The National Academy of Public Administration recently released the results of its 10 month independent operational review of the Government Printing Office (GPO), which was mandated by the 2012 Consolidated Appropriations Act (Public Law 112-74). A panel of 5 Academy fellows reviewed past reports; interviewed stakeholders in Congress, the printing industry and the library community (including me and AALL’s Federal Depository Library Program (FDLP) Task Force chair Sally Holterhoff); and conducted an online survey of FDLP libraries. Ultimately, the Panel made 15 recommendations that are “designed to position the federal government for the digital age, strengthen GPO’s business model, and continue to build the GPO of the future.”
AALL supports several of the recommendations, including that Congress should establish a collaborative interagency process to develop and implement a government-wide strategy for managing the lifecycle of digital government information (Recommendation 1); that GPO should work with depository libraries and other library groups to develop a comprehensive plan for preserving the print collection of government documents (Recommendation 3); and that GPO should continue to work with the depository library community to develop a strategic plan for the FDLP (Recommendation 5). We were also pleased to see the Panel’s repeated acknowledgment of the public’s need for permanent public access to authentic government information in tangible and electronic formats.
However, we are very concerned about Recommendation 4, which states that “GPO and Congress should explore alternative funding models for the Federal Digital System in order to ensure a stable and sufficient funding source.” Funding models include reimbursement for services; fees for end users; dedicated appropriations; and/or an automatic charge to agencies, depending on size, to encourage agencies to take advantage of GPO’s existing infrastructure and cover the cost of the services being provided by GPO. By far, the suggestion to charge the end user (the public) to access FDsys content receives the longest explanation and causes the most concern. Charging for FDsys violates AALL policy that digital government information disseminated via government websites must be available at no cost. Implementing user fees for FDsys content would be a giant step backward in GPO’s efforts to promote democracy and “Keep America Informed.” As the report itself states, “free access of government information is an important tenet of a democracy.” We agree, and strongly oppose any effort to charge the public for digital content created by the federal government.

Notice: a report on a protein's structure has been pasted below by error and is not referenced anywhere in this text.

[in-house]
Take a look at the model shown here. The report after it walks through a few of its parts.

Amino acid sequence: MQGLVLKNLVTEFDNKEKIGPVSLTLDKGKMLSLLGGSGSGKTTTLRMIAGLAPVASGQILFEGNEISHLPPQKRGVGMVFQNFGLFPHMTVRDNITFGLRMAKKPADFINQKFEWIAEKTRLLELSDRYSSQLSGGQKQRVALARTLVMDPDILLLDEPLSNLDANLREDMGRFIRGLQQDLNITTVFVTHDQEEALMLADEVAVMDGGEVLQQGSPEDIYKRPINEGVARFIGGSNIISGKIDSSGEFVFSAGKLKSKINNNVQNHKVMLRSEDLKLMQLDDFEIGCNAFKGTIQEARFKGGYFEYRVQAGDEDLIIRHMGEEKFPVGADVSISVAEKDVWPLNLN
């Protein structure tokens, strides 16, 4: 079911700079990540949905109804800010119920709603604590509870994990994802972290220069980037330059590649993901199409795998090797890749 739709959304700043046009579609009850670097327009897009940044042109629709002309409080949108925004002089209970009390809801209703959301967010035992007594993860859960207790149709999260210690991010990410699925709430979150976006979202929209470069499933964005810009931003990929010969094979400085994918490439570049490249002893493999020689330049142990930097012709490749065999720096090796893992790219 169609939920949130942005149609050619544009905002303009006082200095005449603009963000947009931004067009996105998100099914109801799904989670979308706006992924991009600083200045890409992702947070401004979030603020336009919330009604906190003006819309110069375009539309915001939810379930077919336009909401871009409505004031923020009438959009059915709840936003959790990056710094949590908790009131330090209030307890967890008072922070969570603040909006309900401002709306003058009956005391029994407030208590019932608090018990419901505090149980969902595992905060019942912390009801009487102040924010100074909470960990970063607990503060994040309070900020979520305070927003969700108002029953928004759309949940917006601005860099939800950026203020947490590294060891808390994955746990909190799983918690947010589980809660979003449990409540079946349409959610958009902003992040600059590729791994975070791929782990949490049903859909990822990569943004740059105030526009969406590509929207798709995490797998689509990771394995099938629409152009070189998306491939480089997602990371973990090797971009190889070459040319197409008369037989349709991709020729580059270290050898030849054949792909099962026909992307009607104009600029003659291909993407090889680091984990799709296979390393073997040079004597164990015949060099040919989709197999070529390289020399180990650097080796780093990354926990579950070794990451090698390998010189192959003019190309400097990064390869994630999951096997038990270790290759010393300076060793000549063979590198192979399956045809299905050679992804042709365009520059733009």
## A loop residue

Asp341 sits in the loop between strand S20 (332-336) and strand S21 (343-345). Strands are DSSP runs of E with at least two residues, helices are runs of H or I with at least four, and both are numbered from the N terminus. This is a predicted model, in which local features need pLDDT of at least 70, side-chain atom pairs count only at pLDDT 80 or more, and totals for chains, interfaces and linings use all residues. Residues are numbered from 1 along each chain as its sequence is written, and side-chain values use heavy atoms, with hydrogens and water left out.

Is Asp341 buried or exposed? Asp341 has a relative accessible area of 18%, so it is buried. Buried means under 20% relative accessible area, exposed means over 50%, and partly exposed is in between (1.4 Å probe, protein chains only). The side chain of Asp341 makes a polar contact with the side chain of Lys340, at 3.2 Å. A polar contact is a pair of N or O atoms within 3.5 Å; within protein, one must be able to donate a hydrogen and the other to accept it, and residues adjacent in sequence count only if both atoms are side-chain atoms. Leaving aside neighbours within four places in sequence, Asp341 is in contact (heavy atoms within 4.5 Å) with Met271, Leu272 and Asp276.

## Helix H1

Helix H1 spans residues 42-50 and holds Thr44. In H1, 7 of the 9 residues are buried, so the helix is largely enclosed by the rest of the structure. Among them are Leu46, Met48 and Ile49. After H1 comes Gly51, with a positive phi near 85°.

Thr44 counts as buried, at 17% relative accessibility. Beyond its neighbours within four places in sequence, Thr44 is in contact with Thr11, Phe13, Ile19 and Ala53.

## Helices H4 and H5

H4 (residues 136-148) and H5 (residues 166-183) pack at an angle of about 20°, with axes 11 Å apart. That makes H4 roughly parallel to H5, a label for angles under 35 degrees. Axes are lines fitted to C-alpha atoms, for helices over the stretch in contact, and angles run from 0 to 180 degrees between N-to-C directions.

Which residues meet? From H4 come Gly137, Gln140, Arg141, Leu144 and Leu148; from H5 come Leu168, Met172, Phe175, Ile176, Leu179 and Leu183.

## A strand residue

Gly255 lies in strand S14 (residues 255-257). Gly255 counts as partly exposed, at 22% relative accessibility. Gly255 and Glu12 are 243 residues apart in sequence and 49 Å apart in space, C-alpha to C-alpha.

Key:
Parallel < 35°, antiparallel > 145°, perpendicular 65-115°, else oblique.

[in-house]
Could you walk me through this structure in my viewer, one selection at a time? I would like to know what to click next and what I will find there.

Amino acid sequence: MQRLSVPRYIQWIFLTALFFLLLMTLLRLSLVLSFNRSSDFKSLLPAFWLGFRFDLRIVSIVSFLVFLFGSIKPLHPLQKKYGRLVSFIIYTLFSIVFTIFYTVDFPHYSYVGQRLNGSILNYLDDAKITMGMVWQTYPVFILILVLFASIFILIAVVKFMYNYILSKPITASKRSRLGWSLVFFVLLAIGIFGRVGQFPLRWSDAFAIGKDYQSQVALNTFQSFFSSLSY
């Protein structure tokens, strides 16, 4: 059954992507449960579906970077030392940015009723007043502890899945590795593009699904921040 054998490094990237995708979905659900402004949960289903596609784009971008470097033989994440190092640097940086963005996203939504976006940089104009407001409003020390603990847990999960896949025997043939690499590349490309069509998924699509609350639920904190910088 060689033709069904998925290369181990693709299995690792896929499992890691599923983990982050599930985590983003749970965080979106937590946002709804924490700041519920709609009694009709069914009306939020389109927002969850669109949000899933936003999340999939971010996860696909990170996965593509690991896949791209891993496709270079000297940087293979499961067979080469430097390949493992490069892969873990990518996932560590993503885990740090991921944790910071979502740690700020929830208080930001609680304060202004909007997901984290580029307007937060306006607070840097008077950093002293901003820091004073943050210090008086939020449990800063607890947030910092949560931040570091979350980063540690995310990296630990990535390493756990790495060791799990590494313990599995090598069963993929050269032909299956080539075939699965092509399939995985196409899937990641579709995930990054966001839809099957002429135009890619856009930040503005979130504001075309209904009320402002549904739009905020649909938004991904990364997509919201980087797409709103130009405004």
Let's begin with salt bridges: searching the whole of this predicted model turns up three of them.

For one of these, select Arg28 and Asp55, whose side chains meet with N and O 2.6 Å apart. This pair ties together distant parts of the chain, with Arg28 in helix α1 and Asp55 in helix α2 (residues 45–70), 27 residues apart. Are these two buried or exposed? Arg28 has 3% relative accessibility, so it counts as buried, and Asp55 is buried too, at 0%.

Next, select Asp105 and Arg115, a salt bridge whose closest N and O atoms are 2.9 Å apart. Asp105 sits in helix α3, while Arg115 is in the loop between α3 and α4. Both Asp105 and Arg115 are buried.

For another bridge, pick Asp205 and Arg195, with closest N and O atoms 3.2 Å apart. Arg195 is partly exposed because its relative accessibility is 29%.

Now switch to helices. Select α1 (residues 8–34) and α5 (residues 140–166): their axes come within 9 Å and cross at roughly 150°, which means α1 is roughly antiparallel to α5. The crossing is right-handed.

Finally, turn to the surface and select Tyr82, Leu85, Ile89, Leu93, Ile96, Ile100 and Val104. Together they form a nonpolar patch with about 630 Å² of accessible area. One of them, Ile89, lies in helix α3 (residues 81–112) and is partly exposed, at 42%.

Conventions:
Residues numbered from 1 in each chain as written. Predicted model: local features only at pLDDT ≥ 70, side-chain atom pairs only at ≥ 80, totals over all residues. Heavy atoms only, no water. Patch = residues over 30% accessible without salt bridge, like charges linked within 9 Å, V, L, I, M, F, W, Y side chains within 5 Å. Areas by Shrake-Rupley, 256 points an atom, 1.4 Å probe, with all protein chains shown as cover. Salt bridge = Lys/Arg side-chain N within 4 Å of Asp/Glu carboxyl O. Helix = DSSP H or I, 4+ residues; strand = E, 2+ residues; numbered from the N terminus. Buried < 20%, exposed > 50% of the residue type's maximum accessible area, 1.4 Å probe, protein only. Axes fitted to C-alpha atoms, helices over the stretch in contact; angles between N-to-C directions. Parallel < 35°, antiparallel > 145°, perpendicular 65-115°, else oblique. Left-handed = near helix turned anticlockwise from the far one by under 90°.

Overall, the NAPA report supports GPO’s ongoing transition to “reboot” itself for the digital age and commends the agency for its progress in meeting the needs of 21st century government information users. AALL will continue to work with GPO, members of Congress, and our allies to ensure GPO has the support it needs to “produce, protect, preserve, and distribute documents of our democracy.”